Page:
One of the many things that I love about the bay area is that it doesn’t snow. Don’t get me wrong, there is something magical about a white winter BUT the realities of living in it are something else. I’ve never had to actually endure weeks on end of life in snow, but from the short while that we had snow on the ground in Germany, I can tell you it is a nuisance. Also, when it gets unbearably cold and wet outside, the chances of being able to camp in October go down dramatically.
So yes, I went camping in October. It was absolutely wonderful. Cold at night, gorgeous during the day, and just the right time of year to get some fall colors. We were outside of Boonville, which is a couple of hours north of SF, and home to many a winery, apple orchards and the Anderson Valley Brewing company. We hiked during the day, beer tasted by afternoon, and campfired by night. The perfect weekend. Boonville is a cute little stretch of HWY 128 that is home to just as equally cute antique shops and cafes. In one of these stores, I spotted the most adorable Wedgwood china dessert plates, that I just had to have… turning what was supposed to be a nice cheap weekend, into a spendy vacation. But they are SO cute!
So obviously when I made grapefruit pound cake to have at dinner a few weeks later, I had to display it on these super cute plates. This cake is really tasty. It’s a Thomas Keller recipe, of which I was a little weary after I made a soup from Ad Hoc at Home and it had me using every pot, pan and dish in my kitchen. However, this recipe is MUCH simpler and to my surprised, used very normal ingredients and processes to yield a wonderfully moist pound cake. I’m sure it would have been amazing straight out of the oven, but then you let a grapefruit syrup soak in and top with glaze that is not only visually stunning but also really flavorful. It was a huge win with my friends and with the pinkness of the grapefruits right now, you’d be silly not to try it.
Grapefruit Cake from Ad Hoc at Home by Thomas Keller
- 2 Cups all-purpose flour
- 1 3/4 tsp baking powder
- 1 tsp kosher salt
- 1 1/2 cups granulated sugar
- 2 large eggs
- 1 cup whole milk
- 3/4 cup canola oil
- 1 tbsp grated pink grapefruit zest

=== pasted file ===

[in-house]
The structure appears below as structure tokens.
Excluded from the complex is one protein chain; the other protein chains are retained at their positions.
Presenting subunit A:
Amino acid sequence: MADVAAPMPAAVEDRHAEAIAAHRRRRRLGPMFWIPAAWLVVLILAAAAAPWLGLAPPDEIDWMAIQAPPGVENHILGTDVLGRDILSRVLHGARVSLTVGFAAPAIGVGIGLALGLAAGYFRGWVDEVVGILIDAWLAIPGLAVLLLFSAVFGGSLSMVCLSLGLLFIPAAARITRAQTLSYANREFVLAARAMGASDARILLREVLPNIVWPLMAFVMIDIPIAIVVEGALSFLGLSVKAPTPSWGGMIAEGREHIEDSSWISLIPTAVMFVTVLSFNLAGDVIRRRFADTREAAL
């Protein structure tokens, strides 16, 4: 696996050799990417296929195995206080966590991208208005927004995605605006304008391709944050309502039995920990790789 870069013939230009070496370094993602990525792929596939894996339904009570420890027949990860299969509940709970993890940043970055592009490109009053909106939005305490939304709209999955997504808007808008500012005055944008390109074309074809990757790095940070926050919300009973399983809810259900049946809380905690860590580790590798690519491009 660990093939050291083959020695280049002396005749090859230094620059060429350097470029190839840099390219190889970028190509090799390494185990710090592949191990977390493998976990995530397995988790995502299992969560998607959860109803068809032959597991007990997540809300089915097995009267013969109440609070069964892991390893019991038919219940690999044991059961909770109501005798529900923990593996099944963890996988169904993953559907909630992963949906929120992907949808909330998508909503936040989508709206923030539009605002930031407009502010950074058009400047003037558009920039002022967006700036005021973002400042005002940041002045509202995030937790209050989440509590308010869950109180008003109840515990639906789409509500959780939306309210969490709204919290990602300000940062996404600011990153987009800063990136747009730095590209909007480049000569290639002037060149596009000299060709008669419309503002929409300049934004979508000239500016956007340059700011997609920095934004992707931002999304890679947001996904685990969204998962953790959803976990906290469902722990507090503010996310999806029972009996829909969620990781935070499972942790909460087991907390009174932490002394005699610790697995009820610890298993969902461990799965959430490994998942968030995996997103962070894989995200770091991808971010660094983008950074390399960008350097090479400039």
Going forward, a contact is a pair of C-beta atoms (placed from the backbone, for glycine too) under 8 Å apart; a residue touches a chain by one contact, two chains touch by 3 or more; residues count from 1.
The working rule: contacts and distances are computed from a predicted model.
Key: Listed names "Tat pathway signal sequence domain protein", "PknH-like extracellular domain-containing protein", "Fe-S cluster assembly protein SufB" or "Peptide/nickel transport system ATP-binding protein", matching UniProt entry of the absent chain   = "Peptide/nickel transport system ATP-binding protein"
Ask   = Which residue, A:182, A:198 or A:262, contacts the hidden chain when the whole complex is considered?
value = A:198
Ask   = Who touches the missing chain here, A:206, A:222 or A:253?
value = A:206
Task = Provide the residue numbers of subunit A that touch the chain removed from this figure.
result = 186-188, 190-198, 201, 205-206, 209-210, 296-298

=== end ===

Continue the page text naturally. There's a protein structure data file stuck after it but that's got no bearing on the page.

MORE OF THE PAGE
- 1 tsp vanilla extract
- 1 cup strained fresh pink grapefruit juice
- 2/3 cup granulated sugar
- 3/4 cup powdered sugar
- 1 tbsp plus 1 tsp fresh pink grapefruit juice
Preheat oven to 350 F. Spray a 10×4 inch loaf pan with non-stick spray.
Sift the flour, baking powder and salt together. Set aside.
In a stand mixer with the whisk attachment combine the eggs and sugar. Beat at medium speed for a bout 3 min until mixture is thickened and the whisk leaves a trail. Beat in the milk, then oil, grapefruit zest and vanilla. Reduce speed to low and add flour mixture, mixing just to incorporate, scrape down the sides of the bowl.
Spread the batter in the pan. Lightly oil a paring knife and run the knife lengthwise down the center of the batter, about 1/2 in deep. It will make the cake rise more evenly and not puff up in the middle.
Put the pan on a baking sheet and bake or 30 min. Turn the baking sheet and bake for another 30 min, or until a cake tester inserted in the center comes out with just a few moist crumbs on it. Trnasfer pan to cooling rack.
Meanwhile combine the 1 cup of grapefruit juice and granulated sugar in a small saucepan. Bring to a simmer, stir to dissolve sugar and simmer for 1 min.
As soon as you have removed the cake from the oven, poke deep holes every 3/4 inch or so, with a long skewer. Immediately begin brushing the syrup over the cake. You may have to wait for the syrup to soak in, but continue until you’ve used all the syrup. Let the cake cool about 10 min.
Unmold onto a cooking rack and turn up right. Let come to room temperature. Stir the powdered sugar with the 1 tbsp + 1 tsp grapefruit juice, until smooth. Then drizzle the icing over the cooled cake. Slice and serve.
Serves 8-10 and will keep well for about 2 days, loosely covered at room temperature.